Michael Yarish/Netflix.

I have never seen an episode of the first version of One Day at a Time, the CBS sitcom about a single mother with two daughters in Indianapolis that aired from 1975 to 1984, but there is something about Netflix’s new reboot of the show that makes me feel like the people involved in the original would be OK with what they see.

The new version was released on Netflix today. This time, the show is centered around a Latina woman—Cuban-American veteran and single mother Penelope (Justina Machado)—along with her daughter Elena, son Alex, and, of course, her exuberant Cuban-born mother Lydia, played by the legendary Rita Moreno. The show is as cheesy as they come, complete with a live studio audience track and Hallmark-certified feel-good moments. But it also delivers a realistic look at the effort to preserve cultural heritage within an American context, allowing the show to take its place next to other shows like Fresh off the Boat and Black-ish.

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There was something refreshing in how classic sitcom tropes were first trotted out and then taken to new places in the first handful of episodes I watched. In the pilot, the main arc is that Elena does not want to have a quinceañera, because she says it’s a misogynist tradition. You see, she’s still a young, woke, critical-minded daughter (who hates wearing makeup!) much like Topanga, Lisa Simpson, and Alex Dunphy before her.

One Day At A Time
Michael Yarish / Netflix

But rather than take the route that so many other shows (such as The Great Indoors) do—that is, flat-out mocking Elena's millennial points of view—the older characters actually engage what she’s talking about, encouraging a genuine interaction of ideas. Sure, Lydia does undermine the kids, particularly Elena, and poke fun, but teasing out these cultural and generational differences seems to be the heart of the show, and the episodes have a certain robust compassion that keeps them effective throughout the season.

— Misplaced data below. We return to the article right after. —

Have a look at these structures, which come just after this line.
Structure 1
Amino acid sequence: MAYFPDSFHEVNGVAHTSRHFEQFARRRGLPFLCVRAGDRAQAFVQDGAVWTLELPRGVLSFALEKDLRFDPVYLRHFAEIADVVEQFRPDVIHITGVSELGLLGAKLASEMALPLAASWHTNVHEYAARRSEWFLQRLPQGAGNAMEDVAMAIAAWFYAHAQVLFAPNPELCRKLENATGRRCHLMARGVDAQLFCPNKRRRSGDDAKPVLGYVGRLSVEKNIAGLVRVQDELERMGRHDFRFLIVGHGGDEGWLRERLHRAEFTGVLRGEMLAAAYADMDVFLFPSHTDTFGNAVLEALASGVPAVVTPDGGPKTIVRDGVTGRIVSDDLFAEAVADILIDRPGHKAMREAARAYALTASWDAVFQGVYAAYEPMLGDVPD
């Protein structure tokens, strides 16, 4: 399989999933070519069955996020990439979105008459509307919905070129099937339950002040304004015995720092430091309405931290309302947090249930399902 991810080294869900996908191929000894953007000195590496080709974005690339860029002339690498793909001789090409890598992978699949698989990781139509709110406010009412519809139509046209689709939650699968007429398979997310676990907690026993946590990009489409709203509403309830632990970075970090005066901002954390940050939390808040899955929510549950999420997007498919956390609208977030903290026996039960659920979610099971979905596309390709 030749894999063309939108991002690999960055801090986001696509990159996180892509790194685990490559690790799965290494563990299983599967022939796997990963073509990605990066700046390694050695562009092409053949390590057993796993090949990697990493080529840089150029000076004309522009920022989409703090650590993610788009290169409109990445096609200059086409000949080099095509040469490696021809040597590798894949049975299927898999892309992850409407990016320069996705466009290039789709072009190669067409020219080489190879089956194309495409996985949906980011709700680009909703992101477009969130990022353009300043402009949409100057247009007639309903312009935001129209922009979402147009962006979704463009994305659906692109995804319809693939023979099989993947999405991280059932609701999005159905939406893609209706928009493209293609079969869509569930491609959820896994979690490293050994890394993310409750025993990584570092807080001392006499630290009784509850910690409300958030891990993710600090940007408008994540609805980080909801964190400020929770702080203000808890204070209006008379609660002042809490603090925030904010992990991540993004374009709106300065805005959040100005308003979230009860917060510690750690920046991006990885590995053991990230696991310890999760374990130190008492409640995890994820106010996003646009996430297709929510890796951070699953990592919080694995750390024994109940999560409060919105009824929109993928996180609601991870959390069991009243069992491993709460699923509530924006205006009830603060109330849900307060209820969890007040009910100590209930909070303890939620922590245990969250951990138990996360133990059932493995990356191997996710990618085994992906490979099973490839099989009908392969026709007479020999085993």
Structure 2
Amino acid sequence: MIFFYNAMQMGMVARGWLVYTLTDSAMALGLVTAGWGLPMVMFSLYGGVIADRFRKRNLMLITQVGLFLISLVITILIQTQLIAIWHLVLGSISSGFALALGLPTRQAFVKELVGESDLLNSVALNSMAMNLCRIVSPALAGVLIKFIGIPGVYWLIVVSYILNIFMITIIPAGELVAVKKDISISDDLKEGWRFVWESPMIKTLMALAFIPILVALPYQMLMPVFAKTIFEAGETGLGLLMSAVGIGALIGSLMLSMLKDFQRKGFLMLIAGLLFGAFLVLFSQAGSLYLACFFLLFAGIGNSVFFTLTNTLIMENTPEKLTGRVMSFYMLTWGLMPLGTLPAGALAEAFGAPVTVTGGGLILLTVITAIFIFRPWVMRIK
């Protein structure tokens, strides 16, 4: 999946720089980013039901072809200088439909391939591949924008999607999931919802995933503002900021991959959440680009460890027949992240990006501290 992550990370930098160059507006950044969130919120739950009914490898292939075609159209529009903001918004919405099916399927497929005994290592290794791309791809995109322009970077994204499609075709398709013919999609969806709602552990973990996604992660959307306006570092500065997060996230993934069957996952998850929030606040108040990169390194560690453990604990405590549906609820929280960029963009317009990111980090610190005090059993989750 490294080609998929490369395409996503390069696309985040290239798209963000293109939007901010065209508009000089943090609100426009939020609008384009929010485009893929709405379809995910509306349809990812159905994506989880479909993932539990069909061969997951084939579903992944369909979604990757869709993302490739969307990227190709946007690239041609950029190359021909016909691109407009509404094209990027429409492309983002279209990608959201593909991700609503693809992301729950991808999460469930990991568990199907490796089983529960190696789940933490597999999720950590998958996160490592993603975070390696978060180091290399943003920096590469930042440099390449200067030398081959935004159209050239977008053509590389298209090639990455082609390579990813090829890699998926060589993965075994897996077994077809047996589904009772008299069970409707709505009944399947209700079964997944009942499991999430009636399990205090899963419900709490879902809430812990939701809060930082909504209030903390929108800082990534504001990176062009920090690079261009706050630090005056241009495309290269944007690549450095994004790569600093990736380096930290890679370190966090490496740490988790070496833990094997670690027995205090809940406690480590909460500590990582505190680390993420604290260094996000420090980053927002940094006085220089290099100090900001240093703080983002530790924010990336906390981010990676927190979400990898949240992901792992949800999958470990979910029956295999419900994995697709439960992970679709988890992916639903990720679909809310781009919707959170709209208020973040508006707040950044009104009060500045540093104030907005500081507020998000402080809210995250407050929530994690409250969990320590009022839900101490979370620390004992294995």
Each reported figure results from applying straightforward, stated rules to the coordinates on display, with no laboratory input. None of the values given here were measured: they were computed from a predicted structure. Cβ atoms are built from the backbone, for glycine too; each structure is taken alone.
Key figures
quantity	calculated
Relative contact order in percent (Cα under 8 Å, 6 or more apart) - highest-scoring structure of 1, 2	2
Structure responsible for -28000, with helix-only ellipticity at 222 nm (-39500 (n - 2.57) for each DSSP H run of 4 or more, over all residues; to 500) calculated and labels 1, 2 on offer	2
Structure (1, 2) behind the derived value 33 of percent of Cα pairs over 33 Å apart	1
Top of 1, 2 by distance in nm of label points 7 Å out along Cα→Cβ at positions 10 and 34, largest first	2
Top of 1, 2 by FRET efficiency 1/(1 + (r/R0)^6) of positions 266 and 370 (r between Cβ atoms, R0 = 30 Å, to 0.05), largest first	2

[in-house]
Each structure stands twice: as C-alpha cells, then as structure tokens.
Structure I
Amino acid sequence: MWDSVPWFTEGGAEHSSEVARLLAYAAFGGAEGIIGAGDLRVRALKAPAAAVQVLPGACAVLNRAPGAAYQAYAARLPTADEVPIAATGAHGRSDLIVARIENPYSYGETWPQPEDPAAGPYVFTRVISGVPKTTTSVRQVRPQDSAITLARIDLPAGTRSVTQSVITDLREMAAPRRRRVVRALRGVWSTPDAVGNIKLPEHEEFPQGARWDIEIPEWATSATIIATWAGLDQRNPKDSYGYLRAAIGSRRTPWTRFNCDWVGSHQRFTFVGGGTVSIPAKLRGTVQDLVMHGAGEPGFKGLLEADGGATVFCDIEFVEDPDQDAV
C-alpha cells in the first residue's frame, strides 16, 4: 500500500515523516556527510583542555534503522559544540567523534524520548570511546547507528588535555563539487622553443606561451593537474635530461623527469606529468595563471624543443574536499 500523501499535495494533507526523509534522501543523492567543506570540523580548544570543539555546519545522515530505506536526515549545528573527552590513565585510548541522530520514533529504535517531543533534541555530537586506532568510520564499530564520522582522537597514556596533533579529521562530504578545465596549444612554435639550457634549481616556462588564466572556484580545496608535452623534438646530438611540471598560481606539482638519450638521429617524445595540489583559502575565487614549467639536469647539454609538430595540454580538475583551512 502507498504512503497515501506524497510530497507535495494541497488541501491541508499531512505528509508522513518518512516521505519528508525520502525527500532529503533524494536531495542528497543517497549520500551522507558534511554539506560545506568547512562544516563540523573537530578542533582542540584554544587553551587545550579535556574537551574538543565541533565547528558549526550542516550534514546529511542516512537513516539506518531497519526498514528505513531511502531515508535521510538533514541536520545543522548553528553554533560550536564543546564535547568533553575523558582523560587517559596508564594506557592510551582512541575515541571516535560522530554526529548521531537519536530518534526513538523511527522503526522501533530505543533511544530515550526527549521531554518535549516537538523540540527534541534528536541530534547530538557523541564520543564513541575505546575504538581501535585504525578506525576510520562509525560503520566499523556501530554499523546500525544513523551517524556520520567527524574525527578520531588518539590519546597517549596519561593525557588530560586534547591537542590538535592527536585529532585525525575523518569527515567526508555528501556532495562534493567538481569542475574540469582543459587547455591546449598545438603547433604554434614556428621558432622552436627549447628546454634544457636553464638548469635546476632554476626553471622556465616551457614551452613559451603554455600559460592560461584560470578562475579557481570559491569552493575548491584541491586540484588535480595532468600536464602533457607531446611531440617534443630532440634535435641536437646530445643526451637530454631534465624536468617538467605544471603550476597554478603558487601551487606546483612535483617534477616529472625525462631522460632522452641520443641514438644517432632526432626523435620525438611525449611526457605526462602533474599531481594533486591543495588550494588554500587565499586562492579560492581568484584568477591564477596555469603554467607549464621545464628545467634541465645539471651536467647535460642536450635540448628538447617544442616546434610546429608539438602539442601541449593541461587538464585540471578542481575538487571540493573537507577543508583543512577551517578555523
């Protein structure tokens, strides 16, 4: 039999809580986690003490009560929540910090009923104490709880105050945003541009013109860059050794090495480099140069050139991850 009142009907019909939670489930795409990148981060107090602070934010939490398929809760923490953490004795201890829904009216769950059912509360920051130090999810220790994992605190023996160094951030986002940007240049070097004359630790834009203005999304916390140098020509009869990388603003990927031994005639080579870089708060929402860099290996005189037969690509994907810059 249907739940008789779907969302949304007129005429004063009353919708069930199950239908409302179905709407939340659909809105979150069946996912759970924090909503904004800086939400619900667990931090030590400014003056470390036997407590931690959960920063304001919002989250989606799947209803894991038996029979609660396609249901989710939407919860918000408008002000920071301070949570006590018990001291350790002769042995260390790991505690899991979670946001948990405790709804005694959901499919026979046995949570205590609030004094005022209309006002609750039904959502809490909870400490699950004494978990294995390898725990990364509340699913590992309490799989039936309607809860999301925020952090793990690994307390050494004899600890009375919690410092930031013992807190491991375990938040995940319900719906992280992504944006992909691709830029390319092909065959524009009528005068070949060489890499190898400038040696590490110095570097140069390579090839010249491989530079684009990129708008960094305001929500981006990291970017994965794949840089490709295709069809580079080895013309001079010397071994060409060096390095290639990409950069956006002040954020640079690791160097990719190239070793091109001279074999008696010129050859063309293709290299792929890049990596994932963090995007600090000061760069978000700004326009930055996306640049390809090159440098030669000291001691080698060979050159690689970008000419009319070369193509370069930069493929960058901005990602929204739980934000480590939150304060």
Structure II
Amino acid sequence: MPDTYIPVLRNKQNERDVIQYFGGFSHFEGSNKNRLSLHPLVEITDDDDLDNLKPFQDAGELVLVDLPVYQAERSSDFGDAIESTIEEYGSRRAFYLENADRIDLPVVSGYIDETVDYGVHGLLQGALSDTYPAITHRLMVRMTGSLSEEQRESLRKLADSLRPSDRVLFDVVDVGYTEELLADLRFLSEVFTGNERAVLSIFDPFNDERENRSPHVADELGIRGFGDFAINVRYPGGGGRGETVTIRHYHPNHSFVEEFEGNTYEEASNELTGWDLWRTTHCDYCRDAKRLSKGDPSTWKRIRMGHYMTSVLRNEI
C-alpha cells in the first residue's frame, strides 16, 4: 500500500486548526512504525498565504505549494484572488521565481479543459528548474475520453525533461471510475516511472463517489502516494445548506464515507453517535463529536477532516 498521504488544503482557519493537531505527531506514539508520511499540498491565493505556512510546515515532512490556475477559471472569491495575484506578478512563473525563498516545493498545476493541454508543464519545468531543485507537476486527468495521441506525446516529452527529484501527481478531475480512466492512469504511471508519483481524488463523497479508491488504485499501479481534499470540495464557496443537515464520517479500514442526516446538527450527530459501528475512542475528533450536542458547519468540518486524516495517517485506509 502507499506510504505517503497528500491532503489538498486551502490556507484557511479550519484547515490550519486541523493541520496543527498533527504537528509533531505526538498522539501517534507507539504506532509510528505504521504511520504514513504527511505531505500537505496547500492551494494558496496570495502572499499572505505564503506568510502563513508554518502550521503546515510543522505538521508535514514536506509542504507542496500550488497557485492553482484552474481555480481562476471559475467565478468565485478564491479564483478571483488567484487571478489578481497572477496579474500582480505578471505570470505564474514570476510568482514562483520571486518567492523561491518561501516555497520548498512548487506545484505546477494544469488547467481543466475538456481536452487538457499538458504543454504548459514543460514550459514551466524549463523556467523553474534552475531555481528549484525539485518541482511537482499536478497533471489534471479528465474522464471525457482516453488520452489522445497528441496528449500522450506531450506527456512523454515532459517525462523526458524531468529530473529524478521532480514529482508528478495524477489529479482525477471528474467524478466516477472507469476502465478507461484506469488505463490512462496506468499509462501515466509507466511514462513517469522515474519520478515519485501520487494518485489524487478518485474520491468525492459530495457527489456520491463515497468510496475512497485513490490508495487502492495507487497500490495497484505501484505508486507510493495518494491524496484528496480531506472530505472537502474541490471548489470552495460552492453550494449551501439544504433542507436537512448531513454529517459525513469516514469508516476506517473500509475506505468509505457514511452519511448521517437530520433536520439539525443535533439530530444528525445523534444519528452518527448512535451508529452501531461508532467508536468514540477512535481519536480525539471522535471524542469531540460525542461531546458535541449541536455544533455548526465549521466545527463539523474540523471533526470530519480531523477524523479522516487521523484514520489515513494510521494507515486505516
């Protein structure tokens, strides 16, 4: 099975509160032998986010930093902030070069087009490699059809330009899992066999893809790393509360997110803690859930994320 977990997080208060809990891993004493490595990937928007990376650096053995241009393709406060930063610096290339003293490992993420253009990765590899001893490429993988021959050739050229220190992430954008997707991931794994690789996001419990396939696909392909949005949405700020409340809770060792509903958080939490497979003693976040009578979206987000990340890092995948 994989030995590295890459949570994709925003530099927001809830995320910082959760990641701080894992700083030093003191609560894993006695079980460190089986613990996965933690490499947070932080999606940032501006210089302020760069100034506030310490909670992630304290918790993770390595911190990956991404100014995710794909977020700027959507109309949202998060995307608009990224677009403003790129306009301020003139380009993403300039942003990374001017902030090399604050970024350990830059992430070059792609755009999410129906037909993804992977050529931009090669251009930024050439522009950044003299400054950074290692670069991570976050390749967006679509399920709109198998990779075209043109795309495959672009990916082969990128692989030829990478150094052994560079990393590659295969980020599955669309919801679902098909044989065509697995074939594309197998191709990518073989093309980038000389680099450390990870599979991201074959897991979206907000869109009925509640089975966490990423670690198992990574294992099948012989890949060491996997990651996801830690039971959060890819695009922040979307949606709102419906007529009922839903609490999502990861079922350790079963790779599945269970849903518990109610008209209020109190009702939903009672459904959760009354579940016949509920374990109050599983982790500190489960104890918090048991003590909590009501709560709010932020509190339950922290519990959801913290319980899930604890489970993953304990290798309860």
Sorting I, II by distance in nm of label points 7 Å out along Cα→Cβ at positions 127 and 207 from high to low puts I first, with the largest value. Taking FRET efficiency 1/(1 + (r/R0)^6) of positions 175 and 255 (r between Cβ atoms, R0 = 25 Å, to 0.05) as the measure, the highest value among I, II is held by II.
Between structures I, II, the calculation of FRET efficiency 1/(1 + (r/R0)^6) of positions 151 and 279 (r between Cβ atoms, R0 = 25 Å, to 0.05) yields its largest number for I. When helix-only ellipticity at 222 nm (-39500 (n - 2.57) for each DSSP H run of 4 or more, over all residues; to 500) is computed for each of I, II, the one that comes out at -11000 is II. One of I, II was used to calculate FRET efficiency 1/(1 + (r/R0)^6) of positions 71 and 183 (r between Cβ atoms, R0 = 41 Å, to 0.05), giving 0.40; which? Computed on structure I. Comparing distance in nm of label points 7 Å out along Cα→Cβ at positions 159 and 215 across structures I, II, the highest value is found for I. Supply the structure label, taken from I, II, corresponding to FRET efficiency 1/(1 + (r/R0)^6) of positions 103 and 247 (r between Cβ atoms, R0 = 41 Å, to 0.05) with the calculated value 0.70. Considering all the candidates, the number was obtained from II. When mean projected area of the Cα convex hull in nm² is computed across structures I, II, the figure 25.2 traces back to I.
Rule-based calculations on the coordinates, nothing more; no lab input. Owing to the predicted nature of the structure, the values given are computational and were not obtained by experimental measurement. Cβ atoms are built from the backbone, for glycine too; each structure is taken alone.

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One Day At A Time also captures the smaller moments that come with living in a minority household. For instance, Elena doesn’t always know what’s going on because she doesn’t speak Spanish, even though her younger brother does.

There are some potentially troublesome factors in the show. While Moreno definitely steals the show as the feisty grandma who always make an extravagant entrance (a trope in itself), with some jokes I did sometimes wonder if I was laughing at the dialogue itself, or Moreno’s delightful execution, or simply the accent of a Cuban immigrant. Moreno is an icon who has been very outspoken about overcoming stereotypical roles, and I'm sure she would have complained about anything she found objectionable, but, as someone who has seen too many shows that wring laughs out of the accents of characters from my own background, some situations did give me pause a couple times

Michael Yarish

The show also delves into mental health and depression, church and atheism, and veteran's issues, with that all too familiar corny but compassionate tone. And while the end of each episode does bring a very typical, perfect, inoffensive resolution in the form of Let’s Talk About It, Kiss, and Make Up, it never feels tired or stale. The result is just the kind of the cheesy multicultural sitcom we've been needing.